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Animal owners reminded to not leave dogs in the car

Dog owners are being reminded by the humane society and police to not leave their dogs in vehicles as temperatures rise.

Experts say vehicles can heat up very fast, even in the shade.

"Every year, we go through the same thing. We talk about hot weather, dogs, fur coats, and how overwhelming it can be and every single year, we are dealing with the same thing," said North Bay Humane Society shelter manger Janet Bredin.

"It’s really important for people to be mindful about how hot cars can get and how fast."

North Bay police said it gets two to three calls a week about a dog being left in a vehicle.

"If someone sees a dog in a vehicle, they’re to call 911 immediately. Police will respond," said Sgt. Matthew Parker.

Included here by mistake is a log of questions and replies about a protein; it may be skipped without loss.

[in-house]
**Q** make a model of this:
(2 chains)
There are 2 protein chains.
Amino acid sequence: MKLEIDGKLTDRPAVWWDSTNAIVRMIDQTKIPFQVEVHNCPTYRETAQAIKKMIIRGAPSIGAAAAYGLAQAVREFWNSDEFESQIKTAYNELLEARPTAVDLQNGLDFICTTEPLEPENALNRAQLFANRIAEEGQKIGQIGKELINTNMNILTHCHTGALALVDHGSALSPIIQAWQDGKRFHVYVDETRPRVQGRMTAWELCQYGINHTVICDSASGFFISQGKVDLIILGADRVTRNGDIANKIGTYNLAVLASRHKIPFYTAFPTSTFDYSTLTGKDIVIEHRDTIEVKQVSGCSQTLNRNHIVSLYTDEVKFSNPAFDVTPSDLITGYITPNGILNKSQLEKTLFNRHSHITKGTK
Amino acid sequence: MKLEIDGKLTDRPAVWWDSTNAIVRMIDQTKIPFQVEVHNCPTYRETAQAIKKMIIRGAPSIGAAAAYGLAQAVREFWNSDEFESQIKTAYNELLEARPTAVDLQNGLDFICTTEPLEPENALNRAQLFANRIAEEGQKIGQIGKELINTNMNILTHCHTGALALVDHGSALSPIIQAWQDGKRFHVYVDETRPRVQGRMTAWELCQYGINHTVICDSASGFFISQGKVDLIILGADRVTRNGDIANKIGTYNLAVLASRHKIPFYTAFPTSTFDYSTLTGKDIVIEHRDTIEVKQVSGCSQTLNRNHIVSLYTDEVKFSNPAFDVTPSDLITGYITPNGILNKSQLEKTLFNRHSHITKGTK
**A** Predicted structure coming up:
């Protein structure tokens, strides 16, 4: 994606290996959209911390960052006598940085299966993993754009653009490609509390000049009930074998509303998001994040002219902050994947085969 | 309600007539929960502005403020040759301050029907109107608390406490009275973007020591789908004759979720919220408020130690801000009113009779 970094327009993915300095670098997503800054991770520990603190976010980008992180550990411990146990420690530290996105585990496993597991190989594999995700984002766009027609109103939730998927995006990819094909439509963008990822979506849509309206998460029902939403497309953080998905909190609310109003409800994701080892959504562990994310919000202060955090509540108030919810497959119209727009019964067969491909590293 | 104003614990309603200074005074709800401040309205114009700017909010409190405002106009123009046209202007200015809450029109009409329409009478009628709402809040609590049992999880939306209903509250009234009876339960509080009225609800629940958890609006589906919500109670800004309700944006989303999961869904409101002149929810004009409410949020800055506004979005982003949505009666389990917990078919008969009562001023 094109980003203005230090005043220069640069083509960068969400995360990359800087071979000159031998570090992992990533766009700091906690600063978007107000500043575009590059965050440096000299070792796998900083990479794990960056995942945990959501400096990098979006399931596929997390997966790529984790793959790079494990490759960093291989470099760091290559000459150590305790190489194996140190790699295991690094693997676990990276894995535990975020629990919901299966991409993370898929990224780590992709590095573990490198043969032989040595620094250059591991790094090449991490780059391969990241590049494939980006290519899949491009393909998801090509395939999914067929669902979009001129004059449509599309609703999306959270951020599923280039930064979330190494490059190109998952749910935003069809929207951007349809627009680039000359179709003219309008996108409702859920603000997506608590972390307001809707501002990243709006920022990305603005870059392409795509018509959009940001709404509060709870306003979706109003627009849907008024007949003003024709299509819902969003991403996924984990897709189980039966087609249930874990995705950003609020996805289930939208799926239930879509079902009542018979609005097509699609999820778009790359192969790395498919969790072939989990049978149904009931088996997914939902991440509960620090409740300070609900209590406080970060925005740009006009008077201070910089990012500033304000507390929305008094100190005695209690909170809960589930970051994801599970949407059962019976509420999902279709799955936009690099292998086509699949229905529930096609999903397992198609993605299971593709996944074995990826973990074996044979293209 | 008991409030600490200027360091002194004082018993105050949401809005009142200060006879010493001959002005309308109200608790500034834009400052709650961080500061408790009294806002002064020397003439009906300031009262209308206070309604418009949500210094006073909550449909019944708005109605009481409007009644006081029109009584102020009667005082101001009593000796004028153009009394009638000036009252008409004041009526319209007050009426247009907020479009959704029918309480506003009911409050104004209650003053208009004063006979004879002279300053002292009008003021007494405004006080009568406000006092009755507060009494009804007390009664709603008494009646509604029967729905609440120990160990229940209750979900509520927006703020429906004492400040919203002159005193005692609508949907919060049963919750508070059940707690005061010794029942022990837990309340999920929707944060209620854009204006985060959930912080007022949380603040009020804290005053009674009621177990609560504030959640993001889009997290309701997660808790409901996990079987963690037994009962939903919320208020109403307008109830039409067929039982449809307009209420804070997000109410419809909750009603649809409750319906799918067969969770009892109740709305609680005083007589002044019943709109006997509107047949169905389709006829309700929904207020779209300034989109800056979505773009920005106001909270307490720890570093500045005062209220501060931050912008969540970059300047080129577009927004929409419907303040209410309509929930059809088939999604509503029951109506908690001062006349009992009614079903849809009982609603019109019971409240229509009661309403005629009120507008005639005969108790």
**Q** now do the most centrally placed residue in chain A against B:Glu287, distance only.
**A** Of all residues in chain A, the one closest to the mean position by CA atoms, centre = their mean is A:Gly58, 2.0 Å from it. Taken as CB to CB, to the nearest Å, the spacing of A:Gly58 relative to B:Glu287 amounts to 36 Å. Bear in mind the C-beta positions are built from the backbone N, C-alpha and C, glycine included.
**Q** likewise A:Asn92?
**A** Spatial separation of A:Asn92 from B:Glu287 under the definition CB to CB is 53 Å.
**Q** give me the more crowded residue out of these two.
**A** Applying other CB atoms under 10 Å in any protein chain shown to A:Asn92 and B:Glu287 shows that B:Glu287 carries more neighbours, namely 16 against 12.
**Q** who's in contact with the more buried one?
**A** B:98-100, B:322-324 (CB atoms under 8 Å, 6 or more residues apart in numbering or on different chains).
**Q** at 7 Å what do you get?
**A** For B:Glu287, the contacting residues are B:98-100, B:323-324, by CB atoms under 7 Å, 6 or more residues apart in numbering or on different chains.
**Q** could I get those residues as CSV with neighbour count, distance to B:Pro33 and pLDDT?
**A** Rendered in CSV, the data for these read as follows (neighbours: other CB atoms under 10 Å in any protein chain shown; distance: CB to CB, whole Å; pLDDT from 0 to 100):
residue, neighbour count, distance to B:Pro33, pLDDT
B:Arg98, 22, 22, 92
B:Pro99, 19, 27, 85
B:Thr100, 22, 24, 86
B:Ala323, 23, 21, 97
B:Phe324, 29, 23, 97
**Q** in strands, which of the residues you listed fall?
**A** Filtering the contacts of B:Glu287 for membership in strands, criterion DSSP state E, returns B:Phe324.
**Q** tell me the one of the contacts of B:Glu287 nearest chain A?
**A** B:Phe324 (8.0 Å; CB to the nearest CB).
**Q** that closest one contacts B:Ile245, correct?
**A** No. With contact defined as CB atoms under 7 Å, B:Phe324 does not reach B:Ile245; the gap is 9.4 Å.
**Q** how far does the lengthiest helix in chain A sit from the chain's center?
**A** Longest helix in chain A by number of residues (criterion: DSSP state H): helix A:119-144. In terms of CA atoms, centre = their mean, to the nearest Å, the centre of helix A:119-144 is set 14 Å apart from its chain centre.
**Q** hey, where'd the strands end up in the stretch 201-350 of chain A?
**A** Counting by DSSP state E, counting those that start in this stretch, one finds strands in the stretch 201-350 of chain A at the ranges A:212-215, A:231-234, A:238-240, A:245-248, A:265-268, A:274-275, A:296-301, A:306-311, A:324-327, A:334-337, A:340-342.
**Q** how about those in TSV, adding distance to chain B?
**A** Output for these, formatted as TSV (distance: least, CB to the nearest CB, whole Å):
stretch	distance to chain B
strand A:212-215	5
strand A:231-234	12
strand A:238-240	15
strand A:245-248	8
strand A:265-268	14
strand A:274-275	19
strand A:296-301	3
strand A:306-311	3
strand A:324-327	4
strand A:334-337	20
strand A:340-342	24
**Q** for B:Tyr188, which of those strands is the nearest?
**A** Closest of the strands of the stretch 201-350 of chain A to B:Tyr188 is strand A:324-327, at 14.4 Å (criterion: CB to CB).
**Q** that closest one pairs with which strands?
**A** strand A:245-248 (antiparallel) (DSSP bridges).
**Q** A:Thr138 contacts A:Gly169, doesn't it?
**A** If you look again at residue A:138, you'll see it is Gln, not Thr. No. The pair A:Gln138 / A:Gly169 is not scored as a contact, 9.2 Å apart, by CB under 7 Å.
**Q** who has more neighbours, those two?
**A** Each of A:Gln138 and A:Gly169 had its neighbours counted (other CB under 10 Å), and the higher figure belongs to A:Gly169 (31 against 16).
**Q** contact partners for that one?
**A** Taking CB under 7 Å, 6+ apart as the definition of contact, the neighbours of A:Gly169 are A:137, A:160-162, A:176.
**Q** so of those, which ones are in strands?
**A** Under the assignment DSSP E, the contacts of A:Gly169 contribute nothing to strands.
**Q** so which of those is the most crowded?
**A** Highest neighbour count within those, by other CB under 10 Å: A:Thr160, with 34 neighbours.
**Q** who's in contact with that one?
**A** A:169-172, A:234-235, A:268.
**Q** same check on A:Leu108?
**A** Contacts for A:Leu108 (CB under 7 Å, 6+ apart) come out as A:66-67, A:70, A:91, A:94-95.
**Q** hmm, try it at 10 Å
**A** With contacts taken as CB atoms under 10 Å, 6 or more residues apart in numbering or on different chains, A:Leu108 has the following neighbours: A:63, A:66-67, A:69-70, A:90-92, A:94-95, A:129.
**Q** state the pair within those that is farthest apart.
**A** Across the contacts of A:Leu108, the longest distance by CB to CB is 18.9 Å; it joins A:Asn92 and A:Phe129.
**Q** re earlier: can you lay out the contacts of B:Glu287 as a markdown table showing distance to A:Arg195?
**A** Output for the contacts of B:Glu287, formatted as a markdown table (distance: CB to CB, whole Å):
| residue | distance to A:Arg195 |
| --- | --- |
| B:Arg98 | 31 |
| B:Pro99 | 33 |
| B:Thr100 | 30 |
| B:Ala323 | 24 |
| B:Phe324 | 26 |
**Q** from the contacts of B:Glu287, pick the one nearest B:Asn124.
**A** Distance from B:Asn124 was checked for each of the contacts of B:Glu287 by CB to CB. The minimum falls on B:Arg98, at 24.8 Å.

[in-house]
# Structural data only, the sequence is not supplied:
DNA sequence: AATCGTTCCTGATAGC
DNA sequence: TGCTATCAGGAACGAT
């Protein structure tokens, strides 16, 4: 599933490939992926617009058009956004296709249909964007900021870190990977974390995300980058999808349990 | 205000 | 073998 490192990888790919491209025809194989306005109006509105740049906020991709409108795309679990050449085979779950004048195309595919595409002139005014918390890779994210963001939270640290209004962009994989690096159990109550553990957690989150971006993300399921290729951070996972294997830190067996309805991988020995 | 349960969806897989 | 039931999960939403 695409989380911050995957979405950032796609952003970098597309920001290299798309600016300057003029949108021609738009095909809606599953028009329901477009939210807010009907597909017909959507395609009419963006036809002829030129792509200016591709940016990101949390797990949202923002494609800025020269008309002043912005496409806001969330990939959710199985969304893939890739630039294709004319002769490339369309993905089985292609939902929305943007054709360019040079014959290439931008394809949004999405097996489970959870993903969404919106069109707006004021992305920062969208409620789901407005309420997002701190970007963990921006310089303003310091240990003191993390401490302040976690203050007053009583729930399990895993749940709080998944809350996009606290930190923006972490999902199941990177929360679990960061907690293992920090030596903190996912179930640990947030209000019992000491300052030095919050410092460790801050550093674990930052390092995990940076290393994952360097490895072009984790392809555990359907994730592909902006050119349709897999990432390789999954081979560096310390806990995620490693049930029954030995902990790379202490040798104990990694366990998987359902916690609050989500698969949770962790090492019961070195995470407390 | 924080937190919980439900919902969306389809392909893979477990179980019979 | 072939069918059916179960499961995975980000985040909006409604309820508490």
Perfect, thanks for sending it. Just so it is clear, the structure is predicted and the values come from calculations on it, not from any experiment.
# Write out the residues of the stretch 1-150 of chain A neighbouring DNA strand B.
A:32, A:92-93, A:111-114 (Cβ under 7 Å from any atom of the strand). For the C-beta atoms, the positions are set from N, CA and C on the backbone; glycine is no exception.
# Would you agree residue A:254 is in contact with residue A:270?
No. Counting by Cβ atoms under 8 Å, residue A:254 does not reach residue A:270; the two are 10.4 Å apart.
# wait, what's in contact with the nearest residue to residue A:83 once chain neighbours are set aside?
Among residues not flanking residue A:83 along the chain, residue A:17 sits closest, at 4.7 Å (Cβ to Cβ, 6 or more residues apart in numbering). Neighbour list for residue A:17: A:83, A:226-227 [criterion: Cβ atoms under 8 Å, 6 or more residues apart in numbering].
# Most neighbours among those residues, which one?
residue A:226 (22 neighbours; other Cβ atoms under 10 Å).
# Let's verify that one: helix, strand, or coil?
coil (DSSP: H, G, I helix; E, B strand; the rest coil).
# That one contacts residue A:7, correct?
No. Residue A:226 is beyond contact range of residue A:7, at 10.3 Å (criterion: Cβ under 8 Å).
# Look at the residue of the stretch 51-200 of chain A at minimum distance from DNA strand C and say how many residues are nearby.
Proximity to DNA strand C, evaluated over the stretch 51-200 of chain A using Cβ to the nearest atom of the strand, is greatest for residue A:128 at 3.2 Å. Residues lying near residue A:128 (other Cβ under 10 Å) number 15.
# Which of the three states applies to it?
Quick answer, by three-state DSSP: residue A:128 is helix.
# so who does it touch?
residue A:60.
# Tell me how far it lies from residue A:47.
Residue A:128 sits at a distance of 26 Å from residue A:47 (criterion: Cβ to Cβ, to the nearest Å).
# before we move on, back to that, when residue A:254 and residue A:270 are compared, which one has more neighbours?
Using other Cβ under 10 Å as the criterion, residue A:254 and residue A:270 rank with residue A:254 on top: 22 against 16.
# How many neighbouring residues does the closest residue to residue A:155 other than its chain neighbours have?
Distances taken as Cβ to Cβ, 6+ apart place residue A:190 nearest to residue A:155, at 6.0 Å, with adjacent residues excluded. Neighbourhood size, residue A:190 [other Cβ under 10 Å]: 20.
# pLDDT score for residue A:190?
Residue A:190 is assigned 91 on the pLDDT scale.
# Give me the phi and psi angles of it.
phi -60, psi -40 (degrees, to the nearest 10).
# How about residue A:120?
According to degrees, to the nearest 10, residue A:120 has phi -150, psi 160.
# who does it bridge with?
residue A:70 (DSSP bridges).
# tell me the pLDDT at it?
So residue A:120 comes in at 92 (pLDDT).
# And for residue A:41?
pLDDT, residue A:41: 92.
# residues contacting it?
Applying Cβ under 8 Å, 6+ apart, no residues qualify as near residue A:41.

"We do have the powers under the provincial animal welfare system to attend and cause damage to that vehicle if necessary to get the animal out immediately."

Parker said that the vehicle owner and dog owner can be charged if police have to come rescue the dog.

"Leaving a pet in an idle vehicle on a warm day not only puts its life in danger but also violates the Provincial Animal Welfare Services (PAWS) Act," Sault police said in a news release. "Anyone who breaks these laws may face fines, jail time and other penalties."

And no length of time is safe.

"Even if the windows are cracked open, temperatures inside a vehicle can quickly becoming dangerous for pets because of their limited capacity to deal with heat," Sault police said.

In a news release the Solicitor General said "the most dramatic rise in temperature occurs within the first 10 minutes that a vehicle is idle."

"Even at an outdoor temperature of only 25 C, the inside temperature of a car can reach 34 C in as little as 10 minutes and up to 50 C by the time an hour has passed." 

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